T-Rextasy: Dino replica finds home at Great Minds’ future Richmond HQ
Museum-quality duplicate of world’s priciest dino to be installed Wednesday
Call it rex appeal.
On Wednesday, Washington, D.C.-based education company Great Minds will install a museum-quality replica of Stan the Tyrannosaurus rex’s skeleton at its future headquarters in Richmond. Measuring 13 feet tall and 40 feet long, the actual Stan’s fossilized skeleton sold for $32 million in a Christie’s auction last October, making it the most expensive dinosaur fossil in history.
Stan’s sale shattered expectations, fetching a price four times Christie’s’ estimate. The sale was also nearly four times that of the previous record holder, a T-rex named Sue worth $8.4 million; both were excavated by legendary paleontologist brothers Peter and Neal Larson.
Stan is also famous for his role in a high-profile feud between the Larsons. Excavated nearly three decades ago, Stan was awarded to Neal, the younger brother, as part of lawsuit. Peter and an associate got to keep their private corporation, Black Hills Institute of Geological Research Inc., while Neal walked away with the company’s most prized dino skeleton.
On Wednesday, Peter Larson will lead the installation in person of Great Minds’ replica, which is one of 10 replicas in the United States. The installation will be broadcast via livestream and on Facebook Live, beginning at 9:30 a.m. The replica will be displayed as part of Great Minds’ permanent collection of art and furniture in its “House of Learning,” and tours will be offered to school groups beginning this fall. The poseable replica skeleton was acquired by Great Minds from Black Hills, which sells the replicas for $120,000. Each replica takes up to six months to manufacture, according to Black Hills’ website.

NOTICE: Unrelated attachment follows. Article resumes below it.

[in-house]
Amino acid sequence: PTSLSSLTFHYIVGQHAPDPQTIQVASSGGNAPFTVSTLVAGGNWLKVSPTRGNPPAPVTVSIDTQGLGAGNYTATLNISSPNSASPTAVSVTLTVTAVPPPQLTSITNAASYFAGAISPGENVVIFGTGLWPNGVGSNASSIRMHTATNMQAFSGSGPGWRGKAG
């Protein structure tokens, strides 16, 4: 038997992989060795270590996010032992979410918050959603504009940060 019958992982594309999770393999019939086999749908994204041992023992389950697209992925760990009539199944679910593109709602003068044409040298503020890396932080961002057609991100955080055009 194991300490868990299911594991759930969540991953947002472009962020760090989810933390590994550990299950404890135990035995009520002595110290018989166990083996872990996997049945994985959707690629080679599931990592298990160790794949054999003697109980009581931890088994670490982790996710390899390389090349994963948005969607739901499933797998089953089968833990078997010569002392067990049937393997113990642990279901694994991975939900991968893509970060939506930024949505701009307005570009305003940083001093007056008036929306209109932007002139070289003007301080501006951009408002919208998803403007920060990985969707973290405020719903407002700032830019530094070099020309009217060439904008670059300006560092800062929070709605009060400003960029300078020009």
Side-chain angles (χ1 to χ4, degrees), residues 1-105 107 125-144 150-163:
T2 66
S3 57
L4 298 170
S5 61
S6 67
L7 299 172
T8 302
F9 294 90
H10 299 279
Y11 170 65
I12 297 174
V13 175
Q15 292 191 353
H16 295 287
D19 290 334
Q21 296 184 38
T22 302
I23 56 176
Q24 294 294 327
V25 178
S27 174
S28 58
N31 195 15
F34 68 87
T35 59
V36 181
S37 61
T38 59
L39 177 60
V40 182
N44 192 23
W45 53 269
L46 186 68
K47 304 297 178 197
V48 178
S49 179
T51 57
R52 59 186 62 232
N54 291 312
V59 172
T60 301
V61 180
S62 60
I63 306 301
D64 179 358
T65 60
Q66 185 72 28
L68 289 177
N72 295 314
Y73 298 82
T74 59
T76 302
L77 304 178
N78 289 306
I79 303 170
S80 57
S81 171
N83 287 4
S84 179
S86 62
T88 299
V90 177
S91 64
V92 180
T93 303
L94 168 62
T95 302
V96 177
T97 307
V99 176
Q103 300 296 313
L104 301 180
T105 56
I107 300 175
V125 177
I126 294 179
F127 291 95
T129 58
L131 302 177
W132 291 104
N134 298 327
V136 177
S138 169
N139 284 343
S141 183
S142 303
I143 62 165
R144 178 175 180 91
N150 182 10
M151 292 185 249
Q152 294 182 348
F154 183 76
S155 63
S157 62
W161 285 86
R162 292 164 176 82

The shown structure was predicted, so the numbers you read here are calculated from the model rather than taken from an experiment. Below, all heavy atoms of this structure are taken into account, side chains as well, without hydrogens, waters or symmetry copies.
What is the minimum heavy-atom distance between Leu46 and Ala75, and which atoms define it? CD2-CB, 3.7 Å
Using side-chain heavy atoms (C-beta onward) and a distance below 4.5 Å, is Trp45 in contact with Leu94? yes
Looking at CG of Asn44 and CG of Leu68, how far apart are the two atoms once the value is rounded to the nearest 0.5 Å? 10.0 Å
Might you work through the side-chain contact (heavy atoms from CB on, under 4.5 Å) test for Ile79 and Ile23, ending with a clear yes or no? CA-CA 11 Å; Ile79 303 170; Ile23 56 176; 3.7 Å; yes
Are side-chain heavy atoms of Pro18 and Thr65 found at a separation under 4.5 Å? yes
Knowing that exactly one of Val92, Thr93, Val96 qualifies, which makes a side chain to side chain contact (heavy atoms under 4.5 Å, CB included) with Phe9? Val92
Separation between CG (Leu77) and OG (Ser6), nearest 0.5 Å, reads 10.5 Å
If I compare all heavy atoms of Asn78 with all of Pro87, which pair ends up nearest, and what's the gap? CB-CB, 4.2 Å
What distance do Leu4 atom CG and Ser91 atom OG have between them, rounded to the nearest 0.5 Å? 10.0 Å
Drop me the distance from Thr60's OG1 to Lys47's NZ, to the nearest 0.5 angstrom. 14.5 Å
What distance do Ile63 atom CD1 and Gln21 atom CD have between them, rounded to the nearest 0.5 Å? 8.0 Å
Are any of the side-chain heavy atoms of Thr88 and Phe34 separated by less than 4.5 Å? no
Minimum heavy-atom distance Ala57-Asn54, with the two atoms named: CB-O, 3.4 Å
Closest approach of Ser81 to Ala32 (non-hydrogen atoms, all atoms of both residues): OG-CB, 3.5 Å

For the past year, renovations have been underway at Great Minds’ future headquarters at a former warehouse for C.F. Sauer Co., located at 840 Hermitage Road in Richmond. The company plans to relocate to its new 17,000-square-foot space at the Sauer Center in the second quarter of this year.
“At Great Minds, we are dedicated to making the world a more knowledge-rich place for all children — it is our goal to inspire them to achieve the greatness we know they are each capable of,” said Lynne Munson, CEO of Great Minds, in a statement. “What is better than a life-size dinosaur to inspire us as educators and to challenge children to think about all the possibilities the world has to offer? We are thrilled to welcome Stan to Great Minds’ new home in Virginia.”
Munson’s 12-year-old son George will assist in the assembly and completion of Stan by attaching his skull. The younger Munson previously met Peter Larson at the age of 9 when his family took a trip to South Dakota to visit the Black Hills Institute.